Consent is still Sexy
From a young age parents tell their children to keep an open mind and embrace different cultures. They teach us to be courteous and mindful of different backgrounds and traditions. But would one teach their child to embrace the idea of assaulting women? Do we accept assault simply because it’s embraced in one’s culture? A brand new culture has been introduced to society today. A culture that doesn’t rely on different food or a person’s origin. Rape culture is when society blames victims of sexual assault and normalize male sexual violence. Do we want to raise our children to believe that women shouldn’t be victims rather than teaching them not to victimize women?
Rape culture exists because men define rape. As a society we let the group of people responsible for majority of rapes define what constitutes it. Men defining rape dates all the way back about 1780 B.C. to the Code of Hammurabi. The law stated that if a virgin were raped it was considered property damage to her father. If a married woman were raped she was an adulteress and was thrown in the river. Since then it hasn’t improved too much. In 1814, Dr. Samuel Farr stated that if a woman didn’t squirm a lot during her attack, it wasn’t rape. His reasoning, “you can’t thread a moving needle.” Flash forward to 2012, the FBI gave a newer definition. “The new, expanded definition includes other forms of sexual assault, other genders, and instances where the victim is incapable of giving consent because of temporary or permanent mental or physical incapacity, including due to the influence of drugs or alcohol or because of age.”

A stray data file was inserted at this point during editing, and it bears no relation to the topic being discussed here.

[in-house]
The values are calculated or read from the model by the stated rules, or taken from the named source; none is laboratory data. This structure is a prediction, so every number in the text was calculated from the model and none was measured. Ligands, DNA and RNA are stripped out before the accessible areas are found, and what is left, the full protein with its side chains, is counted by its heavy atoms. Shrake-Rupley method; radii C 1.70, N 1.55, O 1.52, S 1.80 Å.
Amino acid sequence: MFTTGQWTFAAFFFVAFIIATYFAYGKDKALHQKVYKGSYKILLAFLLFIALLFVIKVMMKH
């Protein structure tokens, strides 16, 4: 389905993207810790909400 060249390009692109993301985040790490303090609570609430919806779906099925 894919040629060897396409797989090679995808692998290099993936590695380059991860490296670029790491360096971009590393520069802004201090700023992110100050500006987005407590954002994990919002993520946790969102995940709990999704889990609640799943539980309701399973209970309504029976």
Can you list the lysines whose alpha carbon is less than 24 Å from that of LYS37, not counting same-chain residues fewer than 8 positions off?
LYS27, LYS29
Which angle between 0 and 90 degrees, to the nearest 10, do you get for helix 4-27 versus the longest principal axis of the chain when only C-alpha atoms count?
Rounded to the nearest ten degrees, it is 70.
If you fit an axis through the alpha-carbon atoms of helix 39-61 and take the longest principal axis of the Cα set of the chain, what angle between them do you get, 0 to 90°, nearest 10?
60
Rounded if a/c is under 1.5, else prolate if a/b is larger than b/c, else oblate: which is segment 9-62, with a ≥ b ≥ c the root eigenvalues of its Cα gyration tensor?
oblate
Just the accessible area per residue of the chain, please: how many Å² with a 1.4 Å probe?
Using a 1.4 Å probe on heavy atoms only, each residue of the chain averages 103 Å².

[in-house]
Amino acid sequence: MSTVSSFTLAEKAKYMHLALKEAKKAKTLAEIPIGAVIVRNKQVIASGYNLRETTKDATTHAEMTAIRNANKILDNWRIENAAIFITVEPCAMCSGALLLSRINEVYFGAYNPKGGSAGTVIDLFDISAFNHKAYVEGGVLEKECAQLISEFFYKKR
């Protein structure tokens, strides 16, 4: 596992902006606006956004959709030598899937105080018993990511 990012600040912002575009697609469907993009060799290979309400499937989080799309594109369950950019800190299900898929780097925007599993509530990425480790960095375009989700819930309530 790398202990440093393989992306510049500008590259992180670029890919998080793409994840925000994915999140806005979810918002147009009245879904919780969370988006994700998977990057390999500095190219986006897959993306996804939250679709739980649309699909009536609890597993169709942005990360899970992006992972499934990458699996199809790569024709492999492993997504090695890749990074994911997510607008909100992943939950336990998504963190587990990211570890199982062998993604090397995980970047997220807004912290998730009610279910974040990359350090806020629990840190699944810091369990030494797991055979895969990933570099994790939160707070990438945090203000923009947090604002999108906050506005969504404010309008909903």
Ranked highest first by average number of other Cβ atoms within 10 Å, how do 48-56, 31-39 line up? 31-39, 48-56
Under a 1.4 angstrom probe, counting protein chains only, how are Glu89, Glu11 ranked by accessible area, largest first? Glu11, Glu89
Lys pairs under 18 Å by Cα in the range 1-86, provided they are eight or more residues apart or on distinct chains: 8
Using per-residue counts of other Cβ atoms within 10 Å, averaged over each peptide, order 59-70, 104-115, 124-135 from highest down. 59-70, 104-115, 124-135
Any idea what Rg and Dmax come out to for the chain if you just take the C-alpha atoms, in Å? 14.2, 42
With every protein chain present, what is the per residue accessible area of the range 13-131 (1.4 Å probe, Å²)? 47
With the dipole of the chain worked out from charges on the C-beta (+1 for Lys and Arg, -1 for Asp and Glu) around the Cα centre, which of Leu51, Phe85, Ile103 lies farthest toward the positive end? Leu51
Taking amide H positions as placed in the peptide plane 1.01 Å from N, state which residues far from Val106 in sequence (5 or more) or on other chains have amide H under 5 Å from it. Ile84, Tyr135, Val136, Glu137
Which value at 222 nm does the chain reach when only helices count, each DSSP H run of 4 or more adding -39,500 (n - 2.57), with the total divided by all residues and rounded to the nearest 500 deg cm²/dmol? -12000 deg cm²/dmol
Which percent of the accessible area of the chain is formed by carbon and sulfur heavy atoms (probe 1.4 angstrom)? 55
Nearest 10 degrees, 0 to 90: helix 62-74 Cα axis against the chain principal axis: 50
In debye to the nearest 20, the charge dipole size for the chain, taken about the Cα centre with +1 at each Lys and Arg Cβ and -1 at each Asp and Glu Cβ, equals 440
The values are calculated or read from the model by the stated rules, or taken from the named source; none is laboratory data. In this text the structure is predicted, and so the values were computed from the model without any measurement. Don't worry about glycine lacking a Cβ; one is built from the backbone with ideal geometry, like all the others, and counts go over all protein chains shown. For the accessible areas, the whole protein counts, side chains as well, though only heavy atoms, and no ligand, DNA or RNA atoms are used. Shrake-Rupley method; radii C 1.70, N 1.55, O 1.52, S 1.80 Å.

The inconsistencies of defining rape has led to injustice to the victims. Only 16% of rapists spend a night in jail. The victims may be severely traumatized by the event and their attacker is most likely going to roam free the very next day. Due to the inconsistencies rapists have no fear when it comes to punishment. Instead of being prosecuted, they are free to assault or abuse once again.
You didn’t ask for feedback, haveanelephantasticday. Here’s some feedback anyway.
P1. Conceptually, this is a brilliant opening. We trap ourselves into accepting extremely distasteful attitudes when we try to remain open to other cultures. That’s very well observed. But PLEASE lose the rhetorical questions and state your obviously intelligent claims boldly, clearly, and positively. Don’t ask if we would condone assaulting women. (It’s an insult to our intelligence to patronize us this way.) State clearly that we wouldn’t and why. Your last sentence illustrates the rhetorical danger of rhetorical questions. It asks us to choose between A and A. Should we raise our kids to believe A) women shouldn’t be victims, or A) not to victimize women? You won’t run the risk of asking such questions if you’re making claims instead.
P2. You’re doing little here beyond summarizing the provided source material, elephantastic. Your 2012 update doesn’t in any way advance the earlier “definitions,” so it’s purpose is unclear. Therefore, if the point of the paragraph was to connect the ancient definition of rape to the contemporary definition of rape, it fails. More importantly, what is a definition paragraph doing at the heart of a causal argument? When your entire argument is a scant 350 words or less, you really should be spending all of them on causal arguments. Is your entire argument really that notions of property are the cause of rapes? How does it explain date rape? How does it explain the role of inebriation or peer pressure or any of a dozen other contributors to sexual assault?
P3. Inconsistencies in what defines rape are certainly loopholes that exonerate much nasty behavior, but saying so does not begin to prove the claim, elephantastic. You haven’t named a source or provided the evidence to persuade a skeptical reader.